Deprenyl

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DeprenylWhat is Deprenyl?

Deprenyl ((R)-N,a-dimethyl-N-2-propynylbenzeneethanamine) is more commonly known as selegiline and has been sold under the brand names Atapryl, Carbex, Eldepryl, Emsam, and Zelapar. It was first discovered in Hungary in the 1960s, where a group of scientists led by Dr. Jozsef Knoll, was attempting to synthesize a molecule with the structural features of an MAO inhibitor (MAOI) with the stimulating effects of amphetamine. Structurally, it is a methamphetamine derivative with a propargyl group attached to the nitrogen atom and belongs to the phenethylamine group of drugs.

How does it work?

There are 2 main mechanisms behind deprenyl’s actions: it enhances dopamine signaling and seems to enhance antioxidative pathways.

Deprenyl inhibits enzymes called monoamine oxidases (MAOs). It is a selective, irreversible inhibitor of the B form (MAO-B), but it also inhibits MAO-A at high doses. MAOs are the enzymes responsible for degrading the neurotransmitter dopamine; therefore, deprenyl increases the amount of dopamine available in the central nervous system (CNS). It has also been demonstrated to enhance dopamine release and prevents its uptake. Together, these effects facilitate dopaminergic transmission.

Besides the effects on dopamine signaling, it increases serum insulin-like growth factor I and enhances life expectancy in rodents. It also promotes neuronal growth factor (NGF) synthesis, increases expression of superoxide dismutase (SOD, an antioxidant protein), and protects against toxicity induced by glutathione depletion.

Deprenyl Benefits

Unfortunately, there are no studies of the long-term effects of deprenyl in healthy humans. However, it is considered to have anti-aging effects. Healthy individuals report that it enhances mental function, motivation, mood, and even libido.  It enhances memory in rat models and even increased their lifespan by approximately 5%.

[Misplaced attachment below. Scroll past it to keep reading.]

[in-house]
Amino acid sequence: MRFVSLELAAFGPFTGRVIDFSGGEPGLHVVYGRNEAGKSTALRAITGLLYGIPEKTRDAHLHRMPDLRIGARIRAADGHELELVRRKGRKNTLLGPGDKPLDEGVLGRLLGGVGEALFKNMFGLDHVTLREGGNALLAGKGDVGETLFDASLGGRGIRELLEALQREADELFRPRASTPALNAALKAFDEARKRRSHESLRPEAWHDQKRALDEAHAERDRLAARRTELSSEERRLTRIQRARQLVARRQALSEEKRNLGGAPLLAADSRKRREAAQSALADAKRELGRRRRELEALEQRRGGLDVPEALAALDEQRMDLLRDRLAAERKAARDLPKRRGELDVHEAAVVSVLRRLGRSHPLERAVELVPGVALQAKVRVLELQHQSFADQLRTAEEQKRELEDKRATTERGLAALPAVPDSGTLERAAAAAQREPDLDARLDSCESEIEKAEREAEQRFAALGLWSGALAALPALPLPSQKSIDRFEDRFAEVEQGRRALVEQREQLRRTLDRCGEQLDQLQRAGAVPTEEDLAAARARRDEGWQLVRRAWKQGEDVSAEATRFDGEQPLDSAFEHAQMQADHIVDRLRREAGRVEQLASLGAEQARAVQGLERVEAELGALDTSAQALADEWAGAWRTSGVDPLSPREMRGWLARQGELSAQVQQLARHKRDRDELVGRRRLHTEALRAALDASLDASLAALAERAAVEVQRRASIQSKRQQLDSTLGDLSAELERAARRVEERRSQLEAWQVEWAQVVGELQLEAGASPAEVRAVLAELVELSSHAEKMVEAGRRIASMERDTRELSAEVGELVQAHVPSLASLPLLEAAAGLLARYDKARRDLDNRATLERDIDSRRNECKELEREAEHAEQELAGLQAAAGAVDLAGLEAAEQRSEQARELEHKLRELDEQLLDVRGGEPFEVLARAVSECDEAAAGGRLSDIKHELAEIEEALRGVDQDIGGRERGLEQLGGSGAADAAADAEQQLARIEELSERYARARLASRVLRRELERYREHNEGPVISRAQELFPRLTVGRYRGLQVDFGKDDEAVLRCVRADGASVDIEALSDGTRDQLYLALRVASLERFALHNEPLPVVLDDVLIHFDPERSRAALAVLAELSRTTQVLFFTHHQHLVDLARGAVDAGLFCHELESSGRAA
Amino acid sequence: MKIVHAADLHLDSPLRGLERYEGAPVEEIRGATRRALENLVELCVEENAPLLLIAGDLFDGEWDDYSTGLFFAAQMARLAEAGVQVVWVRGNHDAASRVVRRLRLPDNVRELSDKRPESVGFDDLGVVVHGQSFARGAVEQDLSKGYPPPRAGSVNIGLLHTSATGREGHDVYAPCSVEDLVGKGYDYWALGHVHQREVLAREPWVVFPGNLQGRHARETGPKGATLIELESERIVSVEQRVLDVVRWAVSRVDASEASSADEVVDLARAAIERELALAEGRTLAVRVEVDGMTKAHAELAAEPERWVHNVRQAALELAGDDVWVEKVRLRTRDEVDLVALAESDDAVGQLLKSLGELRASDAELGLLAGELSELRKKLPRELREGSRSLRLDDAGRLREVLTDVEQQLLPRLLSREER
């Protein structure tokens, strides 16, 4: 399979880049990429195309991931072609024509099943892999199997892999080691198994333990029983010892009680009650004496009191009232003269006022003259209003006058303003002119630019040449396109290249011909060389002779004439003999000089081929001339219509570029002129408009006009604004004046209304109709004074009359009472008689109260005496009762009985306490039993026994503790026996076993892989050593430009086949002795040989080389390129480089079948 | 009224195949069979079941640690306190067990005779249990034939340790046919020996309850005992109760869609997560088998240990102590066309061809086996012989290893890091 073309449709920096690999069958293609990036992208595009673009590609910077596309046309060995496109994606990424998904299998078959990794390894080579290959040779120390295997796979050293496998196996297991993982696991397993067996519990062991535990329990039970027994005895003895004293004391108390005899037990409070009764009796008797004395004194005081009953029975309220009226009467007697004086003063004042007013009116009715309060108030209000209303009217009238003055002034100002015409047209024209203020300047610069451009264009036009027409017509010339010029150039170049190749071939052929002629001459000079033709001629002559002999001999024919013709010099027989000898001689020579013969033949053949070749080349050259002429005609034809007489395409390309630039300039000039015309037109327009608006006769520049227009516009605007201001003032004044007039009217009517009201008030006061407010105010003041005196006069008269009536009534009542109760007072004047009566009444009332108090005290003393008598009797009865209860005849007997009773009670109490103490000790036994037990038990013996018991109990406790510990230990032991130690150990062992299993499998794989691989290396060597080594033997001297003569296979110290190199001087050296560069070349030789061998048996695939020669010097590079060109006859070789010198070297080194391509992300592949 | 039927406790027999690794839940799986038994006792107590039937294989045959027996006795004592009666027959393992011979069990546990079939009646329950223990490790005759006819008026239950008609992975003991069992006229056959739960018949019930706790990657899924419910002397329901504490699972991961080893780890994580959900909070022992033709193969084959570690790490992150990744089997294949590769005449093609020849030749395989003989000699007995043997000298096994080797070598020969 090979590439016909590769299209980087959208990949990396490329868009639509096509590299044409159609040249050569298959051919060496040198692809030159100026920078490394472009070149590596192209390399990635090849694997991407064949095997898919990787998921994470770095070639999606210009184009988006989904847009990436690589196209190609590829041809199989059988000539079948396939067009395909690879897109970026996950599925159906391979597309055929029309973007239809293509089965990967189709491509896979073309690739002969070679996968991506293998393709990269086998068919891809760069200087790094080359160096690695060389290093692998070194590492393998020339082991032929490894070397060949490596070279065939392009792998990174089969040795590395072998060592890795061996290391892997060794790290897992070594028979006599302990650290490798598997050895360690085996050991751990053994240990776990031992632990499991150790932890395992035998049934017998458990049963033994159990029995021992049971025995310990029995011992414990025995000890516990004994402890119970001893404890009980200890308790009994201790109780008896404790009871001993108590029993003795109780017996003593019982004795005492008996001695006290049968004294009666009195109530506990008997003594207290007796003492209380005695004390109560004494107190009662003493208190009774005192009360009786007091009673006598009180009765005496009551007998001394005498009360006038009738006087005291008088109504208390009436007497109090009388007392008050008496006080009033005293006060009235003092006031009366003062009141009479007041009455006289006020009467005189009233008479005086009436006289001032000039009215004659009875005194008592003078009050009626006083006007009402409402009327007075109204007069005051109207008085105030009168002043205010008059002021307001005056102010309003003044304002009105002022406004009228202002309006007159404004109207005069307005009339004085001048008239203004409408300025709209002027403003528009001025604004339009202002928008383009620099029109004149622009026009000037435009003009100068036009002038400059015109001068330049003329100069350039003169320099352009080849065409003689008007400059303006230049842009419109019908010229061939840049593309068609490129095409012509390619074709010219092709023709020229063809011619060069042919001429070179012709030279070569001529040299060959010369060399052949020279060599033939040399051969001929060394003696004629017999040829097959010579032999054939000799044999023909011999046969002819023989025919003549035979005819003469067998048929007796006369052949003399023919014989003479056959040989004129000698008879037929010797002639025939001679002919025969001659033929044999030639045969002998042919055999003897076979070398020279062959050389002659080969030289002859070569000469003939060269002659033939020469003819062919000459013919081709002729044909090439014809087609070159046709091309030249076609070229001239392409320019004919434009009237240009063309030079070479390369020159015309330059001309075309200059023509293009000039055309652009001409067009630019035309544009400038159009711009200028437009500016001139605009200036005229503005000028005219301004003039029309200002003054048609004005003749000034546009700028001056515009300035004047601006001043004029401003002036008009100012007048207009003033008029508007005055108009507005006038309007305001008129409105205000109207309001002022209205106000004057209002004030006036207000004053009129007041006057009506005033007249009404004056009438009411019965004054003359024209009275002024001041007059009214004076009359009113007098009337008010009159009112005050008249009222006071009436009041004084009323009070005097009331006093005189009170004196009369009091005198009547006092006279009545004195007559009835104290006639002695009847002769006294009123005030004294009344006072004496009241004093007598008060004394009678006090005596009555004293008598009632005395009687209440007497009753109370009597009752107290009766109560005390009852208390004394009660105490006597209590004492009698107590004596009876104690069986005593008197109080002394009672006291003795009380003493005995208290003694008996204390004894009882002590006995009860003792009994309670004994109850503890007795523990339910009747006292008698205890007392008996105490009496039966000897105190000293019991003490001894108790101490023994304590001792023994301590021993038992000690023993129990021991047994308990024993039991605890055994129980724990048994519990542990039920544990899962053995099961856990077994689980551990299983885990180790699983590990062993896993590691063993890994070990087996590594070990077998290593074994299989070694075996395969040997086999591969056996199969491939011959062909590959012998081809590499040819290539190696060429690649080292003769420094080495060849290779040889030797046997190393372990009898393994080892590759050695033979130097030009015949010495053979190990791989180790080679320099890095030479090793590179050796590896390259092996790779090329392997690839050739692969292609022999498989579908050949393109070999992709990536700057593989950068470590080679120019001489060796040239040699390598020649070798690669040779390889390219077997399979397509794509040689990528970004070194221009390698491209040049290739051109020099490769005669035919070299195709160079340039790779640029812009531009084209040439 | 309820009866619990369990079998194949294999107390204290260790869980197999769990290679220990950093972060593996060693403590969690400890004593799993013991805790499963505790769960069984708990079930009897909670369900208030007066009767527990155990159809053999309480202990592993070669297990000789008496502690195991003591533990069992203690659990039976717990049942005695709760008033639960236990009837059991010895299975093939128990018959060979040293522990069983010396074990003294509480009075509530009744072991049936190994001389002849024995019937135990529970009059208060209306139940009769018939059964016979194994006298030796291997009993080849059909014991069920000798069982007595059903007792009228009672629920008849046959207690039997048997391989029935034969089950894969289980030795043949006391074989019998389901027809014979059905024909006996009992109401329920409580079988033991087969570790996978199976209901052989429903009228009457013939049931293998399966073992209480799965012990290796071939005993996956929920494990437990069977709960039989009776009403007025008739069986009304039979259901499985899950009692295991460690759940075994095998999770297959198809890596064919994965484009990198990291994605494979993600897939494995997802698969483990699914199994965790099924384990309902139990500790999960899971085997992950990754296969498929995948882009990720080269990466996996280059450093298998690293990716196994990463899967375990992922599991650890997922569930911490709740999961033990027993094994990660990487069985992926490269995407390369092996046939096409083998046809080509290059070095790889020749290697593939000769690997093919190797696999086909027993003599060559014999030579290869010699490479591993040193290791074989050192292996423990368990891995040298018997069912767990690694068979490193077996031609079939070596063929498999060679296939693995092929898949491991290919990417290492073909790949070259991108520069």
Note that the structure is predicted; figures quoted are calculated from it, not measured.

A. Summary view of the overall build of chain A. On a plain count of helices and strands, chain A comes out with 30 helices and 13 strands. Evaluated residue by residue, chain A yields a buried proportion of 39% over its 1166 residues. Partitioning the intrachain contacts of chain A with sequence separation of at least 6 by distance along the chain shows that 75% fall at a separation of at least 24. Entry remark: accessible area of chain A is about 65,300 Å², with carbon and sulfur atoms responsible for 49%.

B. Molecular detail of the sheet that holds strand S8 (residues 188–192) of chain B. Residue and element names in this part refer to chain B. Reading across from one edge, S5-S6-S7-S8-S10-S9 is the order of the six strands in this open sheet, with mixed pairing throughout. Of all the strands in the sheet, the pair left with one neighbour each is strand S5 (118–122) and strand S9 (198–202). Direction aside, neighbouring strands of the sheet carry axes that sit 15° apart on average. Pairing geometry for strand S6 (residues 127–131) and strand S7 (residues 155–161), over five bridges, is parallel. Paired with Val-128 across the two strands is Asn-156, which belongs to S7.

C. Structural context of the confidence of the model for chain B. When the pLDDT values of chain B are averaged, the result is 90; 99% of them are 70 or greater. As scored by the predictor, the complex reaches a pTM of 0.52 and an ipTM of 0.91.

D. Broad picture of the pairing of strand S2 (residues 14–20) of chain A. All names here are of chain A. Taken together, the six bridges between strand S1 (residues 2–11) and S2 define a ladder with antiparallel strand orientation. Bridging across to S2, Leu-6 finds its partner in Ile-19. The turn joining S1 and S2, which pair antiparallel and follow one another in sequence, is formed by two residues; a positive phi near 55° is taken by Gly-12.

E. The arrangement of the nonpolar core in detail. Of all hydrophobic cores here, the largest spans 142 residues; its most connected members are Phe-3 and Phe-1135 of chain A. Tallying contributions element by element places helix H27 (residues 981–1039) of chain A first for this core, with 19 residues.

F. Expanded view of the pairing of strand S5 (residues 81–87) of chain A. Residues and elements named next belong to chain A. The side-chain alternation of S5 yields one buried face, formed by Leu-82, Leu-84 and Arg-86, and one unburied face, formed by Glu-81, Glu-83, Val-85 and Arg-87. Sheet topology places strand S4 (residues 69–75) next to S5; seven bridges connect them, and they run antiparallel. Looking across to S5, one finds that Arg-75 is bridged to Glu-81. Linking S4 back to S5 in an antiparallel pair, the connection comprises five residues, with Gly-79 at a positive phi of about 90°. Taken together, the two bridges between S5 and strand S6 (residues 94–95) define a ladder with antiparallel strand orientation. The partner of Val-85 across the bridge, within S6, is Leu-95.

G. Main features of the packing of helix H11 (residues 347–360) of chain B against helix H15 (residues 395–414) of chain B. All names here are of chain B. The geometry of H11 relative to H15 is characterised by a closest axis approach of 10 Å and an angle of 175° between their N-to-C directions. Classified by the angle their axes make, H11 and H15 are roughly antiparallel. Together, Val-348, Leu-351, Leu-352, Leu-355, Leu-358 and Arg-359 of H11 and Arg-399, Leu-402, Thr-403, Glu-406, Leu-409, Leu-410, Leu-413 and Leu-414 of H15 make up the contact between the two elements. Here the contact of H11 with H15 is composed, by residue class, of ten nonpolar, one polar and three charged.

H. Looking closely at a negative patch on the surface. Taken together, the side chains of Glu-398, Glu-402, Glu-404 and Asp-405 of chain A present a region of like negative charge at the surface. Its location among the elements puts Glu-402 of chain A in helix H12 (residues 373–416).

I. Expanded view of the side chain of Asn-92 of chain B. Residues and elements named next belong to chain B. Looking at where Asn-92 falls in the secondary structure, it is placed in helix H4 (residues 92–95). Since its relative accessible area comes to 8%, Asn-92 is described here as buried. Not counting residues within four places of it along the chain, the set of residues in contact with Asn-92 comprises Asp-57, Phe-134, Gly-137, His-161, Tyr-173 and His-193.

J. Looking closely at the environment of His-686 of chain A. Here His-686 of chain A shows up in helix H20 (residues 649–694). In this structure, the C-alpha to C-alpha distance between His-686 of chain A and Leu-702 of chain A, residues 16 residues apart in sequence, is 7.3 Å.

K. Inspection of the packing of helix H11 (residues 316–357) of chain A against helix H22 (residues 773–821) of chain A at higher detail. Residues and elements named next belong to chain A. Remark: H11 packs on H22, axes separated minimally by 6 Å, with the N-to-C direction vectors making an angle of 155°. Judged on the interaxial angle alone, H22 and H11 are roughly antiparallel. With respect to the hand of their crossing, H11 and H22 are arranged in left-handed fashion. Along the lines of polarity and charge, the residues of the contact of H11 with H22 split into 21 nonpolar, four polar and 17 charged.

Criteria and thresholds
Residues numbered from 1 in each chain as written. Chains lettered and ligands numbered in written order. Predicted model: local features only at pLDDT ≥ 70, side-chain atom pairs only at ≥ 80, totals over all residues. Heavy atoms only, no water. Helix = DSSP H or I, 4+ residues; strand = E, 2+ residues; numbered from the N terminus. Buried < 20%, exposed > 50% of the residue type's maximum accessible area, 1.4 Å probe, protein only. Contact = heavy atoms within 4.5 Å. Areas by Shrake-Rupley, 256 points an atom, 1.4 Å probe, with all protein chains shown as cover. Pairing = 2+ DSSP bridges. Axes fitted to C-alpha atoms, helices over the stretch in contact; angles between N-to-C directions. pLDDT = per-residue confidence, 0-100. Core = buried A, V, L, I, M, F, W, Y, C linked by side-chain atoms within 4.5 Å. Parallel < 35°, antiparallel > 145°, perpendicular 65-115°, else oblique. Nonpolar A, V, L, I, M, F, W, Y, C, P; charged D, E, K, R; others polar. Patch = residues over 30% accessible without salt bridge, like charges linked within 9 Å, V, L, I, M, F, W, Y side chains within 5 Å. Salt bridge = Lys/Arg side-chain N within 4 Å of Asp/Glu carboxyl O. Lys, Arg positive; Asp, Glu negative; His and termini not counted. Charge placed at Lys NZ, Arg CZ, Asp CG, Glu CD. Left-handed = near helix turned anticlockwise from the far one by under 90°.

Clinically, deprenyl is prescribed to Parkinson’s disease patients. It is typically given in conjunction with levodopa (L-dopa), a precursor for dopamine. This combination increases dopamine in 2 ways; L-dopa increases the levels in the CNS and deprenyl prevents their degradation. This compound has also been shown to be effective in treating global ischemia, Tourette syndrome, traumatic brain injury, and narcolepsy. In addition, the FDA approved Emsam (a transdermal patch formulation of deprenyl) for the treatment of depression in 2006.  Short-term studies in Alzheimer’s disease were promising, but long-term investigations have proven disappointing. However, deprenyl may be useful in ameliorating cognitive dysfunction in Alzheimer’s disease when taken in conjunction with donepezil, which inhibits cholinesterase.

Deprenyl Side Effects

Deprenyl may cause nausea, dizziness, lightheadedness, or fainting, especially when the regimen is started. Other side effects include restlessness, insomnia, or decreased appetite, which are attributable to the effect of deprenyl on dopamine signaling. These symptoms are usually mild and can be eliminated by adjusting the dosage or route of administration. Any of the following side effects should be reported to a doctor: severe headache, chest pain, and irregular heartbeat.